Much has been made of how Darwinian thinking destroyed proofs for the existence of God from ‘design’ in the universe. I challenge that prevailing view by looking closely at classical ‘teleological’ arguments for the existence of God. One version championed by Aristotle and Thomas Aquinas stems from how chance is not a sufficient kind of ultimate explanation of the universe. In the course of constructing this argument, I argue that the classical understanding of teleology is no less necessary in modern (...) Darwinian biology than it was in Aristotle's time. In fact, modern biology strengthens the claims that teleological arguments make by vindicating many of their key features. As a consequence, I show how Aristotle and Aquinas' teleological argument for an intelligent First Cause remains valid. (shrink)
Prompted by questions raised in the public arena concerning the validity of arguments for the existence of God based on "design" in the universe, I explore traditional teleological argument for the existence of God. Using the arguments offered by Thomas Aquinas as fairly representative of this classical line of argumentation going back to Aristotle, I attempt to uncover the hidden premises and construct arguments for the existence of God which are deductive in nature. To justify the premises of Aquinas’s argument, (...) I begin by presenting an argument to justify the existence of "final causes," with a focus on answering questions about the biological implications of these causes for evolutionary theory. Then, I attempt to construct two teleological proofs for the existence of God. Finally, I offer some implications of this reasoning for the contemporary disputes over ID/evolution in education. (shrink)
We trace the genealogy of wisdom to show that its status in epistemological and management discourse has gradually declined since the Scientific Revolution. As the status of wisdom has declined, so the status of rational science has grown. We argue that the effects on the practice of management of the decline of wisdom may impede management practice by clouding judgment, degrading decision making and compromising ethical standards. We show that wisdom combines transcendent intellection and rational process with ethics to provide (...) a balanced and integrated way of knowing, deciding and acting for managers in a complex and uncertain business environment. Finally, we discuss the role and value of wisdom across a range of business functions including knowledge management, strategic management, leadership and international business. (shrink)
Specific methodological limitations of traditional sex differences research are uncovered by feminist psychologists who argue for a shift toward a theoretical appropriation of gender that reveals its significance as a site of ongoing situated social regulation. I argue that such a shift has important implications for studies on gender and cognition, and that such studies have the potential to significantly expand our understanding of the contextual and situated nature of both social and "non-social" cognition.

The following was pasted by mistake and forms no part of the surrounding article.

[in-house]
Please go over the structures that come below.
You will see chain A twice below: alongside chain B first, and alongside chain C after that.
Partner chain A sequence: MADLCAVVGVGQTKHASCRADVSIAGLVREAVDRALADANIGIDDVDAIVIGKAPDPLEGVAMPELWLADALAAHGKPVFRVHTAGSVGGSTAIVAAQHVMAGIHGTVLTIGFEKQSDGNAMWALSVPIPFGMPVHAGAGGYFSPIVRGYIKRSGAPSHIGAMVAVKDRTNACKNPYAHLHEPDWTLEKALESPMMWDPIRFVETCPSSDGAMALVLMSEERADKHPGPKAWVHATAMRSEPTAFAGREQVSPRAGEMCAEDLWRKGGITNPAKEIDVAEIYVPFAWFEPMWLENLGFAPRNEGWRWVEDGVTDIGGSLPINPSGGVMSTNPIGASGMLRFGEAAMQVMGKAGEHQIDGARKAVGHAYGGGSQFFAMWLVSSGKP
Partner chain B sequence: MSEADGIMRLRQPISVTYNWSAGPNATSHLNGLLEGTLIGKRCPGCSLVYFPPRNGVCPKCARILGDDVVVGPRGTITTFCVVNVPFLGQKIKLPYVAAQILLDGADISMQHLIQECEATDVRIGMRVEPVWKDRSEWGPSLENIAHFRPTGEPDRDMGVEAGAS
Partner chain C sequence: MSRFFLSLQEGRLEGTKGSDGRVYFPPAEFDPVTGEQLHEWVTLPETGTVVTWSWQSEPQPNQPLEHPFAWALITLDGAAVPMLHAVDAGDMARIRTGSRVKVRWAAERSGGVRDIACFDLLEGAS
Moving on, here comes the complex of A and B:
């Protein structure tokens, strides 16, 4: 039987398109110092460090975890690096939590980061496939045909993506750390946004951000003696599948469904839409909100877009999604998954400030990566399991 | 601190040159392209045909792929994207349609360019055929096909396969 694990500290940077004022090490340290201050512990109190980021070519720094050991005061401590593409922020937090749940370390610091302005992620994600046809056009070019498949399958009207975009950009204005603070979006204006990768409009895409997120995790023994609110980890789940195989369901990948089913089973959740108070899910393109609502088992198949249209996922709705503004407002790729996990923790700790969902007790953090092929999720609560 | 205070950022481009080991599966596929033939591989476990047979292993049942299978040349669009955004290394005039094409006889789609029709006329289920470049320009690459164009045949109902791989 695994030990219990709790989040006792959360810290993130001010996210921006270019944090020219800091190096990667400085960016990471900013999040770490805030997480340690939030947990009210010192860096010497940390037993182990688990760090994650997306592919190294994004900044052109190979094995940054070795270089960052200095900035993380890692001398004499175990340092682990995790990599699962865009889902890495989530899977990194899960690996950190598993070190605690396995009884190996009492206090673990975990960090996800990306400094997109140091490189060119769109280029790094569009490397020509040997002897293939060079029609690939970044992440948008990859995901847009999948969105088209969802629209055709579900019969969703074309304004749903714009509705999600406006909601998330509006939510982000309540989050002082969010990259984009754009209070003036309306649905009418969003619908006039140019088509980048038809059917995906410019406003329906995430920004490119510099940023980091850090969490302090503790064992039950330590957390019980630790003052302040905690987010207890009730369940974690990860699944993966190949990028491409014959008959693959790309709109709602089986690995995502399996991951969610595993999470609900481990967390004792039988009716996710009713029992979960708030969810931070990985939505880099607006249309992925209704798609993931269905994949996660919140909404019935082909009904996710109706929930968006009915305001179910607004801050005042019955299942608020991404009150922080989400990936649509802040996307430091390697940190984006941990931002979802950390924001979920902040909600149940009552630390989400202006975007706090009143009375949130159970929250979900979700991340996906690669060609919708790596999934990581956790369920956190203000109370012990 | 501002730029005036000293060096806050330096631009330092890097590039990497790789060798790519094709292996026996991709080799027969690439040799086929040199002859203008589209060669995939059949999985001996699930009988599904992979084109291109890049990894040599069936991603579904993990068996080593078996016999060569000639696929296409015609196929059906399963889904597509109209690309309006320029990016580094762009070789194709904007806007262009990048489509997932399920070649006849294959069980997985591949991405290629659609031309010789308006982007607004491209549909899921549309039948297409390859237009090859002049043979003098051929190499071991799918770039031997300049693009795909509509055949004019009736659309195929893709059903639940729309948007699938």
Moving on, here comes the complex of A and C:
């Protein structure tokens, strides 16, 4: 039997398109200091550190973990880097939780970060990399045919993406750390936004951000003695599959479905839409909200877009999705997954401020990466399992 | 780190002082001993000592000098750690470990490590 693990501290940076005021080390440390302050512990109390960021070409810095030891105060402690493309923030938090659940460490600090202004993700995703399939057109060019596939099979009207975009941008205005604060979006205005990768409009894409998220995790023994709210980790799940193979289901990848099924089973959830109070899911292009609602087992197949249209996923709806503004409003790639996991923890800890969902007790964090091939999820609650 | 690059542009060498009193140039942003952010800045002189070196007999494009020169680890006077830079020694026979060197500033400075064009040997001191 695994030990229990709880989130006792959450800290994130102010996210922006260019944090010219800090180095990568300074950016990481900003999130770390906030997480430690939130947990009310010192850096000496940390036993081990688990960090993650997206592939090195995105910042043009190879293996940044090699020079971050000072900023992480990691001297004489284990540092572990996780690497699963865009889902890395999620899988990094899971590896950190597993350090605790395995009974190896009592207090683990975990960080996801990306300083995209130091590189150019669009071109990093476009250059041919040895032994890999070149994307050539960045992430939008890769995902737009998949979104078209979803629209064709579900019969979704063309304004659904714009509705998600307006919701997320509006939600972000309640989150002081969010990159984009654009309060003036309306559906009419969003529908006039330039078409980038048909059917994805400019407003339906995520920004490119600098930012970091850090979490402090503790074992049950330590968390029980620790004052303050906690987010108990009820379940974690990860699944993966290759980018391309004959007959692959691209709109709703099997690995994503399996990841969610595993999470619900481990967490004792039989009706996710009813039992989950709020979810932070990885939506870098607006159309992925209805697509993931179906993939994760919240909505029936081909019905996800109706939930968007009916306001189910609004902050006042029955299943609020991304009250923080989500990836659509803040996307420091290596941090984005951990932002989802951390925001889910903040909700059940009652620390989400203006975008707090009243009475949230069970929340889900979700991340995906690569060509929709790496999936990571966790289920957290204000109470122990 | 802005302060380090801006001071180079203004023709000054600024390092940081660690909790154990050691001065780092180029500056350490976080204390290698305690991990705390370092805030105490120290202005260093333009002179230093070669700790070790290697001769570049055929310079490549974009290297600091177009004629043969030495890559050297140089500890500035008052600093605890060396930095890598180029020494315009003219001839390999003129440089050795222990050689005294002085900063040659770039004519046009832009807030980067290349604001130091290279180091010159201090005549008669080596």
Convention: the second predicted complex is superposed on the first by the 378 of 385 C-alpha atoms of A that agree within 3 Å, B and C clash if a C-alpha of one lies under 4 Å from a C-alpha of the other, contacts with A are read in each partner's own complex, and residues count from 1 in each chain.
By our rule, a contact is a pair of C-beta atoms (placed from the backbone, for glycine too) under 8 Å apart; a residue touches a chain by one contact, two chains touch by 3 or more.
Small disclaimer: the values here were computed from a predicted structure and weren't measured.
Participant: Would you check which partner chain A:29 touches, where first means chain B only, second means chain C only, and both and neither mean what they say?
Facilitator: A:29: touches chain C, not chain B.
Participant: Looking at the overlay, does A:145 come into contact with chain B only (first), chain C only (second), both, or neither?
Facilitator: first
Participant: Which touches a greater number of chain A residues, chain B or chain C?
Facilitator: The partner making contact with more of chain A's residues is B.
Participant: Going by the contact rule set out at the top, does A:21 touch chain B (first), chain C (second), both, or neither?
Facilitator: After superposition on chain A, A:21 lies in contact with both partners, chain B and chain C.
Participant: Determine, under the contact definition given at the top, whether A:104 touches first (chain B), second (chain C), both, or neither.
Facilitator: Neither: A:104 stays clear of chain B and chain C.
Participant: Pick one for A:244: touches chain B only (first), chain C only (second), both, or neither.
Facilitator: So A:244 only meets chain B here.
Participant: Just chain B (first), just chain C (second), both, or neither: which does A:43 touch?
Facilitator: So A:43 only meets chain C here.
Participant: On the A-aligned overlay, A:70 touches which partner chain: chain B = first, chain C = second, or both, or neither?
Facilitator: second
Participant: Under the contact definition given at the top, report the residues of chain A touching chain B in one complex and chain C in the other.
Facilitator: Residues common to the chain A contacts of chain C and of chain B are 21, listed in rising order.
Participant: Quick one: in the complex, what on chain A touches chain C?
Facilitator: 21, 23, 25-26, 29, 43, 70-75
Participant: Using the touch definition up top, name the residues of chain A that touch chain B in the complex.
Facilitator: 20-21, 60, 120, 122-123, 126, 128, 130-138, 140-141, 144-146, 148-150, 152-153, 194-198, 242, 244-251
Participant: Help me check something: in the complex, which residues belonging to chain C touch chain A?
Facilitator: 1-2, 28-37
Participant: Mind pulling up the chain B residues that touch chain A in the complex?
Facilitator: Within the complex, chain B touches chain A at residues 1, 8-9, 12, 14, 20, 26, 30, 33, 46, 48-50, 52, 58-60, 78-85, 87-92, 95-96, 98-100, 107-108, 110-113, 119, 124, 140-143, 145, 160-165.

By tracing a specific development through the approaches of Peirce, James, and Dewey I present a view of (classical) pragmatist epistemology that invites comparison with recent work in feminist epistemology. Important dimensions of pragmatism and feminism emerge from this critical dialectical relationship between them. Pragmatist reflections on the role of reason and philosophy in a changing world encourage us to see that philosophy's most creative and most responsible future must also be a feminist one.
The debate about the rational and the social in science has sometimes been developed in the context of a distinction between epistemic and non-epistemic values. Paying particular attention to two important discussion in the last decade, by Longino and by McMullin, I argue that a fuller understanding of values in science ultimately requires abandoning the distinction itself. This is argued directly in terms of an analysis of the lack of clarity concerning what epistemic values are. I also argue (...) that the philosophical import of much of the feminist work in philosophy of science is restricted by any kind of strict adherence to the distinction. (shrink)
Reason has regularly been portrayed and understood in terms of images and metaphors that involve the exclusion or denigration of some element-body, passion, nature, instinct-that is cast as "feminine." Drawing upon philosophical insight into metaphor, I examine the impact of this gendering of reason. I argue that our conceptions of mind, reason, unreason, female, and male have been distorted. The politics of "rational" discourse has been set up in ways that still subtly but powerfully inhibit the voice and agency of (...) women. (shrink)
In at least some cases of future directed propositional hoping, facts about the hoper become puzzling if one supposes that the object of hoping is a future tensed proposition. These facts are easily explained by the alternative suppostion that the hoper accepts a future tensed proposition but bears the hopingattitude toward a disjunctively tensed proposition. Parallel remarks apply to past directed and present directed prepositional hoping. Thus, at least some instances of hoping have as their objects disjunctively tensed rather than (...) purely tensed propositions. Propositional remembering may possibly resemblepropositional hoping in this respect. (shrink)